Medical Expenses Tax Offset (NMETO)
The Net Medical Expenses Offset is being phased out over the period from 1 July 2013 to 30 June 2018.
From 2015-16 (until 2018-19), transitional arrangements only allow claims for disability aids, attendant care or aged care expenses.
- A claim could only be made in 2013-14 if a rebate had been received in 2012-13
- A claim could be made in 2014-15 if a rebate had been received in 2013-14
“received” means that a rebate amount greater than nil had been included in the tax assessment. Sec 159P(1C)
Indexation of the claim thresholds is adjusted after 31 March each year.
NMETO Claim Calculation
The medical expenses tax rebate is calculated as follows:
The offset claim is reserved for resident taxpayers, including a current spouse and (broadly) dependants (see below).
Eligible medical expenses – what’s included
What qualifies as medical expenses is legally defined, but quite wide-ranging. In general it is restricted to payments to legally registered practitioners, for an illness or operation or for medical conditions.
- This includes payments to or for doctors, nurses, chemists, dentists and public and private hospitals. It excludes cosmetic procedures which Medicare doesn’t support, and claims cannot include expense amounts reimbursed under Medicare or health insurance cover.
- See here for Allowable medical expenses
Medical Expenses – Who For?
The medical expenses you can claim are limited to yourself and your spouse, and certain dependent relatives subject to qualifying conditions:
- children under 21 years or student children under 25 years
- child housekeeper
- invalid relatives
=> See Claimable Family
Offset is not refundable
Medical Expense Offsets are not refundable if the amount of the offset is greater than your tax payable.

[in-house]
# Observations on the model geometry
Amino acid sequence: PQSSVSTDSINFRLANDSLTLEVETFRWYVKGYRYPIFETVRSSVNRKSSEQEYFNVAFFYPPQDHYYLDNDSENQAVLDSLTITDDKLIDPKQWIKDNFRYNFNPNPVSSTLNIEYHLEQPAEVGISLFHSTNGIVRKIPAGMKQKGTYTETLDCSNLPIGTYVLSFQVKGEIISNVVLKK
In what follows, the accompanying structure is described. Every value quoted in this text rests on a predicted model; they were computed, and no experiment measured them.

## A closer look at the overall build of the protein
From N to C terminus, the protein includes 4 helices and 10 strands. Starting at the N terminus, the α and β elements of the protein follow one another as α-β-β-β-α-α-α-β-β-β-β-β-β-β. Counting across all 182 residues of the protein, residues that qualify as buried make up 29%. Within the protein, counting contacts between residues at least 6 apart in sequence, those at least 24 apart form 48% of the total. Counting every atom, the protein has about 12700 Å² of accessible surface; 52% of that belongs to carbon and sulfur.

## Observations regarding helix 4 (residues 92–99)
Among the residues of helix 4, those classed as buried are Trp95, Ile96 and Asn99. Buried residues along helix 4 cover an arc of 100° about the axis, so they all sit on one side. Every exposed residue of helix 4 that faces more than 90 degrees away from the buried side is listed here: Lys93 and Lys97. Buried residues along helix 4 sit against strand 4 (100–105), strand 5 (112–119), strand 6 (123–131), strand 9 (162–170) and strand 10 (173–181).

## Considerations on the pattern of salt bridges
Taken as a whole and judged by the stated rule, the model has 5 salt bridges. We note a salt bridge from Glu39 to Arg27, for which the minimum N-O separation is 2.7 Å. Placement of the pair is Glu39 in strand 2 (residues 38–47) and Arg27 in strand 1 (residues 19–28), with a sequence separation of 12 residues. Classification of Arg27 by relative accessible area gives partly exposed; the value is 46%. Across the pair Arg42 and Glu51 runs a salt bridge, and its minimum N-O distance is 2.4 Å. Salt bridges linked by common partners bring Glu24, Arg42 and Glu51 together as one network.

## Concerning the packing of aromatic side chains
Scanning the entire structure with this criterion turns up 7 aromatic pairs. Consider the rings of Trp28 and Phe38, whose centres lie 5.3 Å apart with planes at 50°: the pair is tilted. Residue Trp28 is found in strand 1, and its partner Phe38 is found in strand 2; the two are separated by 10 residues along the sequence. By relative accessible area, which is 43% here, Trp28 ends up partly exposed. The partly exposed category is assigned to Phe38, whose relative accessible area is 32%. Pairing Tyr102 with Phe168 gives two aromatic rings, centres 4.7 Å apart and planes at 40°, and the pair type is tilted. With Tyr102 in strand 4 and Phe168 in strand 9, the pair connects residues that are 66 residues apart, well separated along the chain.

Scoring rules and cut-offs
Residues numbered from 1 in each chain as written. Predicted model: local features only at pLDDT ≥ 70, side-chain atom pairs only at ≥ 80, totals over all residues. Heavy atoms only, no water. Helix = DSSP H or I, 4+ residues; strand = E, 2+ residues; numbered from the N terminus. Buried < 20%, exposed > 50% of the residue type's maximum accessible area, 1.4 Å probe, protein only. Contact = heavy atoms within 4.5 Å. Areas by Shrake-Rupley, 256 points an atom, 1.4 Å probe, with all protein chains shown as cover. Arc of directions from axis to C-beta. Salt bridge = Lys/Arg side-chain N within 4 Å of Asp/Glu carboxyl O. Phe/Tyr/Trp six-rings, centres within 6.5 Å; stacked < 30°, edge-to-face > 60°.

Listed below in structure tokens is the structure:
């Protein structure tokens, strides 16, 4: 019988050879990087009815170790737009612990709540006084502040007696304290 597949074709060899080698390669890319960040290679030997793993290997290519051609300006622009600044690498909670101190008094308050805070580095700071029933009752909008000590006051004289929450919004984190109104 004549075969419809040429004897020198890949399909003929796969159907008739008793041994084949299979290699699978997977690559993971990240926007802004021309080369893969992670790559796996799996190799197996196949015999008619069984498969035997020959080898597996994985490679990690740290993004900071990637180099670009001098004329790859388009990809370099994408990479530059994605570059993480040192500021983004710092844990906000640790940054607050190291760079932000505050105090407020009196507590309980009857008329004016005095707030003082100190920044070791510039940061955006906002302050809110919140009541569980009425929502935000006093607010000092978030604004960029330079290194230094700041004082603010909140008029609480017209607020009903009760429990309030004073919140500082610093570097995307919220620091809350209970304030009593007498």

Medical Expenses Tax Offset rates and Thresholds
|Net Medical Expenses Thresholds|
|Tax Year(s)|| Threshold|
(20% offset rate)
|Means Tested Threshold|
(10% offset rate)
Higher Income Earners – From 1 July 2012 income-tested
From 1 July 2012 the rebate is subject to an income test which is based on the Medicare levy surcharge income minimum thresholds. Higher income earners have a reduced offset rate of 10% and a higher minimum expenses threshold (over $5,000).
The income test is based on Adjusted Taxable Incomes with respect to the Medicare levy surcharge higher income thresholds.
- “Adjusted Taxable Income” is your declared taxable income with certain fringe benefits, exempt income and losses added back – see ATI
|‘Higher Income’ Thresholds|
|2014-15, 2015-16, 2016-17||2013-14||2012-13|
|For families, thresholds increase by $1,500 for each child after the first.|
|Family threshold applies if with a spouse at 30 June, or dependent children at any time during the year|
Change to Adjusted Taxable Income Formula
The government has adjusted the formula for the inclusion of the value of fringe benefits in Adjusted Taxable Income.
The meaning of ‘adjusted fringe benefits total’ is modified so that the gross value rather than adjusted net value (previously 51%) of reportable fringe benefits is used, except for PBIs, hospitals and charities.
‘adjusted fringe benefits total’ is a component of Adjusted Taxable Income
This affects eligibility for:
family tax benefits, stillborn baby payment,child care benefit, Youth Allowance, Abstudy and Isolated Children’s Allowance
parental leave pay and dad and partner pay
net medical expenses offset
dependant (invalid and carer) (DICTO) tax offset
Notional dependent’s offset for the Zone & overseas personnel tax offsets
For details of the amending legislation see Budget Savings (Omnibus) Act 2016 (Schedule 15). The measures received royal assent on 16 September 2016 and according to its terms therefore take effect from 1 January 2017 for family assistance payments and for income tax tests from 1 July 2017.
Medical Expense Offset claim calculation
Subject to entitlement, the procedure for working out a Medical Expense Offset claim is as follows:
- Determine eligible expenditures paid within the tax year
- Ensure all reimbursements are deducted
- Deduct your minimum threshold amount for that tax year – determined by income
- Multiply the result by 20% (or 10% in 2012-13 and later years depending on income)
- The result is your Medical Expenses Tax Offset which is deducted from your tax payable, with any unused amount not refundable.
See ATO Guide to tax offsets
This page was last modified on 28 June 2017